And here it breaks down. While there are necessary parallels, the two orders are not the same. The wearing of a scarf on the left arm has roots in Medieval European practice, and has a long tradition in SCA rapier with a color-coding scheme relatively kingdom independent. To wear one ourselves isn't mimicry, but simile. But we are our own order, and have our own name. So while they are "Dons", we are "Warders". And although there is no rule against using "Cadet" to describe our students, the naming distinction is maintained by many Companions of the Order of the Bronze Ring by calling our students "Wards". A third option is to simply call the student a "Student" and be done with it. As with most things, different Warders have different opinions. The prevailing tendency seems to be toward the use of "Ward". The important thing to remember is that a Ward is a Cadet is a Squire is an Apprentice is a Protege is a Student. It's one person involved in a fealty-esque relationship with another. The more learned person agrees to teach a specific set of skills to the less learned in exchange for some benefit. Determining those benefits depends entirely on how the relationship is established and maintained. Which (finally) leads to some applicable information.
As I've seen it, a Warder takes a Ward for two often intertwined reasons, each with their own merits. First, because you want to make them a Warder. They have that "whatsits" which is easy to spot but hard to delineate, and you want to see them gain the public recognition for those qualities they have or have potential to have. Second, because you want to make them better. Perhaps their rapier technique is horrid, perhaps their interpersonal communication is horrid. You can help, and making the relationship formal makes the connection between you stronger and your words more weighty. This second reason can be more troublesome, because if I don't think they have "it" then I'm not inclined to offer the formal relationship. But, my opinion is certainly not the only one around and there are people who defend the merits of that position. If it works, I'm all for the success it brings.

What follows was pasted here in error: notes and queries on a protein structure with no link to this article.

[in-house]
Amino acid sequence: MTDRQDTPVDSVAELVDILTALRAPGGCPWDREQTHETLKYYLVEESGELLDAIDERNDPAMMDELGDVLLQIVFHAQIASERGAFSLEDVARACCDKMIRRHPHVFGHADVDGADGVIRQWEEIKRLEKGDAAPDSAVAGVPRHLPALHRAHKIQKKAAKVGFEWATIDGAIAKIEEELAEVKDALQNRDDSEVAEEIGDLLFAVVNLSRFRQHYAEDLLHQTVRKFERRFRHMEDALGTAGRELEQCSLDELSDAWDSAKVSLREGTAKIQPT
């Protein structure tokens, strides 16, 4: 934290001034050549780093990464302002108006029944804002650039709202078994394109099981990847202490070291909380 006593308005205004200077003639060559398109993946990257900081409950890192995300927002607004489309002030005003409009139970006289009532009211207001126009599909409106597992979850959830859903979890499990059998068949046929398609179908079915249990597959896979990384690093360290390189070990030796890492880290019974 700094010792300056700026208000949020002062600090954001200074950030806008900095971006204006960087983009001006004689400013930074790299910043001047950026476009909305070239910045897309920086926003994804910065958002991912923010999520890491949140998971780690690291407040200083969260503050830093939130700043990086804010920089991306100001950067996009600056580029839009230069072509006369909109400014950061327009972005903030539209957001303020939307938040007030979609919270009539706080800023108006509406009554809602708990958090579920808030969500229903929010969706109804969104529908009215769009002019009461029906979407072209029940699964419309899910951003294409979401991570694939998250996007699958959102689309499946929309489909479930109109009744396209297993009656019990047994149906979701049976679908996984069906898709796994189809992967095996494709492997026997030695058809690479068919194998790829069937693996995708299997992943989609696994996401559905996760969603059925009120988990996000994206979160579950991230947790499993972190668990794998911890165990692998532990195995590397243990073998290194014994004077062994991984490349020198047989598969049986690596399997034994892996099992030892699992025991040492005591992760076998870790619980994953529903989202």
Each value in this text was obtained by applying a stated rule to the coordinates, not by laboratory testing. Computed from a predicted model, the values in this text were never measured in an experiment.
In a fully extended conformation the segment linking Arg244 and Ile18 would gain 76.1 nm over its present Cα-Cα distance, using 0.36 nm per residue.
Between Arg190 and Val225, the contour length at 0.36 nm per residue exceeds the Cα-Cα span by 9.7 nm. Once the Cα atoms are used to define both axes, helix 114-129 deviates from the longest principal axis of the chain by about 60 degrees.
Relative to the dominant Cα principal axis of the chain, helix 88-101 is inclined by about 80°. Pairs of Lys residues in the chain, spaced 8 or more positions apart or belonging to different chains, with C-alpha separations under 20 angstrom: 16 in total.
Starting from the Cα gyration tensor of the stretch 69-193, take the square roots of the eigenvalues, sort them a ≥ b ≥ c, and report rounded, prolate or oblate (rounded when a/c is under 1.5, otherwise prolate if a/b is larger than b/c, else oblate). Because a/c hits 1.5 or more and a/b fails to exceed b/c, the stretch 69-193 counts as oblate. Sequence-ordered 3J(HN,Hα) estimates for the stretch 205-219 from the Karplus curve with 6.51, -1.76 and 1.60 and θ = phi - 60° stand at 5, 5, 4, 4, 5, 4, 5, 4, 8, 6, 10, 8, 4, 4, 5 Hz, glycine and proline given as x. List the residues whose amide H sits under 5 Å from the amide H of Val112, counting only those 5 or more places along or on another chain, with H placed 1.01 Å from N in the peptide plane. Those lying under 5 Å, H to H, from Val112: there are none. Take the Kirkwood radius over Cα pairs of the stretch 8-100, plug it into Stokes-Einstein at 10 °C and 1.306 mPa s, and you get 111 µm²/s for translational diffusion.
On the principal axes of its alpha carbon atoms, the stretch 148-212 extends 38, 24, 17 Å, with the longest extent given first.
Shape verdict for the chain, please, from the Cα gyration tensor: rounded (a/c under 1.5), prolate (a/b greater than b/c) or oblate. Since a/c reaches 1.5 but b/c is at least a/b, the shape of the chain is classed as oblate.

As I imagine it, you become a Ward for two reasons. First, you desire to become a Warder. You learn from everybody, and you can become a Warder without ever having been a Ward. To be a Ward is to declare to the society that you have set a goal for yourself and intend to achieve it. Second, you like the Warder and want to make a formal connection with them. Maybe they're the only one who has translated Medieval Italian manuals, maybe they're somebody you've admired for years and wish to emulate. As with the secondary reason from the Warders perspective, I find this option can be troublesome because if you don't have the desire to be a Warder you can vouch for the "coolness" of someone in other ways. And again, my opinions are just that and I'm glad when any friendship works for both of you.
Everybody teaches, some are just more intentional about it than others. In the same vein, you can learn from every person you face. It's this kind of, "hey show me that disengage again wouldya?" exchange which I label `Informal` teaching. `Formal` teaching involves a more deliberate attempt to pass knowledge between people through organized dialogues; more one-on-one training, specific focus on a single aspect of combat, advice on performance on and off the field, et cetera. It is this second category which is the hallmark of the Ward/Warder relationship. Not that a Warder will refuse to assist in a Formal capacity with the majority of the rapier population, but that the Ward is explicitly involved in regular participation in that regard. I teach everybody I fight with, but I make deliberate effort with my Wards to advance their learning.